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8-04-2015, 16:46

The role of Burmese nationalism

The speed of thejapanese conquest in Burma and the ease with which they rallied to their banners indicated the weakness of the British colonial system. British efforts to persuade nationalist leaders to resist Japan failed dismally because these men saw little profit in remaining true to their colonial masters; the failure of the British to promise independence in return for active Burmese participation against Japan insured that such cooperation would not be forthcoming. In contrast, the Japanese held out the prospect of independence and participation as equal members in the Greater East Asia Co-Prosperity Sphere, and these promises of a better tomorrow were enough to win the support of most Burmese leaders.

The successful occupation of Burma was the result of a period of several decades during which thejapanese assiduously cultivated their interest and image in the country. Capitalizing on their victory over Russia in 1905, Japan attempted to make a psychological impact on all the peoples of Asia including the Burmese and, although such efforts were subdued until the 1930ís, there can be little doubt that pro-Japanese sympathizers had increased markedly in the area. In Burma, interest in things Japanese grew steadily until by 1930, when thejapanese government consciously sought to increase its influence in Burma, there was already a small but influential group of Burmese Japanophiles.

To facilitate expanded Japanese activities in Burma, particularly contacts with the nationalist movement, several Japanese military and civilian officials were dispatched to the colony. Among them was Colonel Suzuki Keiji, a man who soon became the chief of Japanese cadres operating in Burma. He was to establish contacts with anticolonial elements and help them to equip and train a nationalist army which might later support Japanese action in Burma. As a result of his efforts, several dozen young nationalist leaders were sent to Japan where they were trained in the art of warfare; upon their return to Burma, these men formed the nucleus of the Burma Independence Army which fought with the Japanese against Britain from December 1941-May 1942.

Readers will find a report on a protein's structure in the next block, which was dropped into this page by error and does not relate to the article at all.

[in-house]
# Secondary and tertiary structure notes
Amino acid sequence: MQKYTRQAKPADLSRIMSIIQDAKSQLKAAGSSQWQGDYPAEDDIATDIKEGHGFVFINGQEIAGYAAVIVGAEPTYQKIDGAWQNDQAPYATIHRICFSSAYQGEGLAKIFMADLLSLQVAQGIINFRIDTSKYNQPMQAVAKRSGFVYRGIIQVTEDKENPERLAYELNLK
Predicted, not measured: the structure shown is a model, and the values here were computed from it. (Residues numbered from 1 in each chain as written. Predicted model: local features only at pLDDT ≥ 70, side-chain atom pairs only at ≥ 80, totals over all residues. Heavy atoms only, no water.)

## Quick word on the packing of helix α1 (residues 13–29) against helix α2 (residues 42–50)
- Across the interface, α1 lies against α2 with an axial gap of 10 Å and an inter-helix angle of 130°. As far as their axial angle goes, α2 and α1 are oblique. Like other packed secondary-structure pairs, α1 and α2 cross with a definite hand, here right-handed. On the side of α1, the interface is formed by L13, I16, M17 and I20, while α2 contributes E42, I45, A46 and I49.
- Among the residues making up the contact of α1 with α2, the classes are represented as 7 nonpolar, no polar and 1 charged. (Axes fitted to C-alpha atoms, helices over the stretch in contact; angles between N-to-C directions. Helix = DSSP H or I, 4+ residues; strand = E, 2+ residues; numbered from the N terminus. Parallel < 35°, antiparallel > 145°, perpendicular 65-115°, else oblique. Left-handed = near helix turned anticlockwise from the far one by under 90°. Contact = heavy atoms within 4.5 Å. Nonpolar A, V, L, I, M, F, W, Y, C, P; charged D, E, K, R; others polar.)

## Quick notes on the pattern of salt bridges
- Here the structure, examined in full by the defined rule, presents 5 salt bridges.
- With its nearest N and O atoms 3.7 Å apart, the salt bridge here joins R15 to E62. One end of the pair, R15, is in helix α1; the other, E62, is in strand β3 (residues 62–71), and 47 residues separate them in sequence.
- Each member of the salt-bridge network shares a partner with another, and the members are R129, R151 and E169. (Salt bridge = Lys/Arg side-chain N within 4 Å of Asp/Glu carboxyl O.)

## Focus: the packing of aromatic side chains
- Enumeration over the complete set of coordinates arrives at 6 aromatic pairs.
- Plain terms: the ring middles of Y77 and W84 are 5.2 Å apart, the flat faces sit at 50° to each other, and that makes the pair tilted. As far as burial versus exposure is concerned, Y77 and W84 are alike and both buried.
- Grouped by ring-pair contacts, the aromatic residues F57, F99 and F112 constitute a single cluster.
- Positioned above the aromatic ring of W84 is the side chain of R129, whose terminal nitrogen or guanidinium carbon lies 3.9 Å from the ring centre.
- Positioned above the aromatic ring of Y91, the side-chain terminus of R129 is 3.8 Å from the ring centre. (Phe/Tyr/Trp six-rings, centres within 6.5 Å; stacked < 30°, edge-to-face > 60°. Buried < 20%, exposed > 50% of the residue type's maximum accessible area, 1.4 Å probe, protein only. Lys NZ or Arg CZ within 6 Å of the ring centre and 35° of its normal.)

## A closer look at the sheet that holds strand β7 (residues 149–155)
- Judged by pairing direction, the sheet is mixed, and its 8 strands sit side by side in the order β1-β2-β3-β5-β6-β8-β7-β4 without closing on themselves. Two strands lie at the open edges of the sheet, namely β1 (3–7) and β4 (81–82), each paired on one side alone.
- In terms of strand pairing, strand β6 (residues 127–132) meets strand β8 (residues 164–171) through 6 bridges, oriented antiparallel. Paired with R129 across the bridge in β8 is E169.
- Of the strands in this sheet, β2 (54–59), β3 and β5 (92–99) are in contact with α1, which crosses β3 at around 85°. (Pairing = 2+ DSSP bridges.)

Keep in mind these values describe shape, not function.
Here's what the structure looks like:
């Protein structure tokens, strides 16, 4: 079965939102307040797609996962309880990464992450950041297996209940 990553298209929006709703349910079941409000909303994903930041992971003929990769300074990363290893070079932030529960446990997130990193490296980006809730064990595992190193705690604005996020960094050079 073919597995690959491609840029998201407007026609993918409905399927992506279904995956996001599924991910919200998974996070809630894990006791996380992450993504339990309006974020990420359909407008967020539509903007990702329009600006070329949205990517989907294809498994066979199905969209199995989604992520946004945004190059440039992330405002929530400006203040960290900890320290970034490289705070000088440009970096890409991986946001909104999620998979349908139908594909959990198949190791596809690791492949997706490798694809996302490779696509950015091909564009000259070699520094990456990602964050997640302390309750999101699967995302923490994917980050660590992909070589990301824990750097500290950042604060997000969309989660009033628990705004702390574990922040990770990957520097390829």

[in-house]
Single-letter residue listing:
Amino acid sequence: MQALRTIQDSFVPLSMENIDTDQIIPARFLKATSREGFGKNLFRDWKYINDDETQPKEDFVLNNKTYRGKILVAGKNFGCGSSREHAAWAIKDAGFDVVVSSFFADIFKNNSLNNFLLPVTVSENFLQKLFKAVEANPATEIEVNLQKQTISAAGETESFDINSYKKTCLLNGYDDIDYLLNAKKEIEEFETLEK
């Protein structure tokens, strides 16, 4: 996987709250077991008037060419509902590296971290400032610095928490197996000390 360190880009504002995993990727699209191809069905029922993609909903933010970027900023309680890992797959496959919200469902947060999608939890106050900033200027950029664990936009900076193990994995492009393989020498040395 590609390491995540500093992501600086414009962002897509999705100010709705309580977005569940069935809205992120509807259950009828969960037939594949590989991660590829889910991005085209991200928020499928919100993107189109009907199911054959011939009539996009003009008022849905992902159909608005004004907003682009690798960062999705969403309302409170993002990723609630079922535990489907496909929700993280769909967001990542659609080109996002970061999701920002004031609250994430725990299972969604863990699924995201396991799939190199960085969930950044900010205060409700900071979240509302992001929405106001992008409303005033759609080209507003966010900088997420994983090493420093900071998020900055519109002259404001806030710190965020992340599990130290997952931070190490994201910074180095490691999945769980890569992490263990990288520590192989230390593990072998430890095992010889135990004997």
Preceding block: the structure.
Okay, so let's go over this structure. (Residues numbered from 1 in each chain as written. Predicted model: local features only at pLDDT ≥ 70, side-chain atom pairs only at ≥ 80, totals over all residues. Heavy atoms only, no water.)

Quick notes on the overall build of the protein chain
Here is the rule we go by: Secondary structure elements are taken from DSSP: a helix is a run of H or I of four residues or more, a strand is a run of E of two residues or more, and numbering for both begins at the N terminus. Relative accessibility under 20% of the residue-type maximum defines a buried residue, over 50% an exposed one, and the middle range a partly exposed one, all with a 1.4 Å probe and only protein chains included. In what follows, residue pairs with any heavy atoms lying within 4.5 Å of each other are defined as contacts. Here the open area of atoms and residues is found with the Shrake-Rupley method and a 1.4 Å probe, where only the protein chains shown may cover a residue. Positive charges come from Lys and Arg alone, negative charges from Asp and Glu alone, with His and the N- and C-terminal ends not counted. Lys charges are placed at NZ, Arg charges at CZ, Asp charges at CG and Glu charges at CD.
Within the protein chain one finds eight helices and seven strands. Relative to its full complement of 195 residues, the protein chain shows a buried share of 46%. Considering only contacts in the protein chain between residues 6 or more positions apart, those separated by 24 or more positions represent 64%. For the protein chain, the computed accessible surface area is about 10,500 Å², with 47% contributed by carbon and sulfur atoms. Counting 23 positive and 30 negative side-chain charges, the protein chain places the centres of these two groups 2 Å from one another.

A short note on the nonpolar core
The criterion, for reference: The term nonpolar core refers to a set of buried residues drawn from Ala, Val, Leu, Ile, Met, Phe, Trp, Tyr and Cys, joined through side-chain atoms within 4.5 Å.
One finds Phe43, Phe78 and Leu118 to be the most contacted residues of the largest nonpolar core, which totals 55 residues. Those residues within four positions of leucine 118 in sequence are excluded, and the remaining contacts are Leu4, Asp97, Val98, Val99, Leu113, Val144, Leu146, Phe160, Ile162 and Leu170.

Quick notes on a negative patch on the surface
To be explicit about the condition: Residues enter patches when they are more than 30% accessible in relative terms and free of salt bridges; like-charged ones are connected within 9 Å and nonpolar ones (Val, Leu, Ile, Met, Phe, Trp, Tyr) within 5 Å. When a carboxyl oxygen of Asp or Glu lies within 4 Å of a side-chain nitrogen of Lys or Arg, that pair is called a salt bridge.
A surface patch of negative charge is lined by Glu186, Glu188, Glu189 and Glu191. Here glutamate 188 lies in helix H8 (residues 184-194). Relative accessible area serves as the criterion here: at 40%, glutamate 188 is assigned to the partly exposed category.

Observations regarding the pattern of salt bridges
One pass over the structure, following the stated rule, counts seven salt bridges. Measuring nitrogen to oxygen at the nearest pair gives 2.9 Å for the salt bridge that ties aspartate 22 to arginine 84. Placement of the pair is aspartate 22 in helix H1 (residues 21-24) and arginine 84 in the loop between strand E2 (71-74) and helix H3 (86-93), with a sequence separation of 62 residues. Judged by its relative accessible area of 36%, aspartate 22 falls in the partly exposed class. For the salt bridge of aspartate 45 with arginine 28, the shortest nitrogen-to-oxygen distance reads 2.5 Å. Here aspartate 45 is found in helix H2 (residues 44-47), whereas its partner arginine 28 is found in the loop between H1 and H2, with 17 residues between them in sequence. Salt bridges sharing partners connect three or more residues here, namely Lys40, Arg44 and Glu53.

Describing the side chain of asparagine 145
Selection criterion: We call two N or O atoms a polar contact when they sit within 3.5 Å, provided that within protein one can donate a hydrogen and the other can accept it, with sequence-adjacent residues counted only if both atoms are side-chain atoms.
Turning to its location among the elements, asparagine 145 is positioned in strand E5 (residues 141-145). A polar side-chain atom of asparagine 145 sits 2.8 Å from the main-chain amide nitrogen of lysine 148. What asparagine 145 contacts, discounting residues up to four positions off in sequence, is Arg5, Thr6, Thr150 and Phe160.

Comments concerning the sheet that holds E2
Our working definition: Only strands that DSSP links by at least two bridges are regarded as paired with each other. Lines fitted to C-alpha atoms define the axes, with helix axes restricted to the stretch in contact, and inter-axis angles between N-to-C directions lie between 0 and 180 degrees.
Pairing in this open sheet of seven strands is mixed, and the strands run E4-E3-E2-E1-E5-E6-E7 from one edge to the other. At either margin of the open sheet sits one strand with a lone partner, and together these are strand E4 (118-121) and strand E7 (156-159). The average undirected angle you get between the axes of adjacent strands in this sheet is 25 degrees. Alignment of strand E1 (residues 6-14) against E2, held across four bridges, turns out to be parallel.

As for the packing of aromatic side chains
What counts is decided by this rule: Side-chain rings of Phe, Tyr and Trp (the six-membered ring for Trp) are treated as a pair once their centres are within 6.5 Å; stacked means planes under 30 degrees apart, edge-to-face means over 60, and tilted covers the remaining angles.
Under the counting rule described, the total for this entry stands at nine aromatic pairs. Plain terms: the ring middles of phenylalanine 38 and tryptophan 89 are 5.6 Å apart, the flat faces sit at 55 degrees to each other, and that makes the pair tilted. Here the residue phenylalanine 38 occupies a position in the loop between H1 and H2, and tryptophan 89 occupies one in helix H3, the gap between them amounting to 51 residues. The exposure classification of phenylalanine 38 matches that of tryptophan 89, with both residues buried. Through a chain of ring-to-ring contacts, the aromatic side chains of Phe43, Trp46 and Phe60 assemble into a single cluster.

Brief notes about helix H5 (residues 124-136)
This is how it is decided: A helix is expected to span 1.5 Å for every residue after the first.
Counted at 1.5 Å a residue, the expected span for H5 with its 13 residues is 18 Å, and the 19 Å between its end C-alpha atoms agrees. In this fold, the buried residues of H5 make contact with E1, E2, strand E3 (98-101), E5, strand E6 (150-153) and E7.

Participation of the Burma Independence Army in the Japanese invasion and occupation of Burma transformed what might have simply been an exchange of one colonial master for another into a liberation campaign, and Burma welcomed the Japanese, seriously believing in their willingness to die for her freedom. Swept off their feet by the speed of Japanese victories, all segments of Burmese society welcomed the Japanese invaders.

This enthusiasm also benefited the nationalist movement, which was able to mobilize a large segment of the population as a result of Japanís victories against the colonial regime. Operating under the protective umbrella of the Japanese army, the leaders of the Burma Independence Army established their authority in the villages and hamlets. For the first time in fifty years.

Foreigners did not rule the country, though the period in which the BI. operated independently was to be cry short.

Despite the eagerness of Burmese nationalists to declare the establishment of independence and self-rule, Japanese military authorities refused to sanction any such moe. Independence was to be [XJstponcd for at least a year; a military administration would govern the countr. re-establish law and order, and define the new administrative apparatus which would gocrn the country until independence was granted. Japan did not pledge independence until i. Xugust 1943, and even after this formality Burmese independence was more imaginary than real.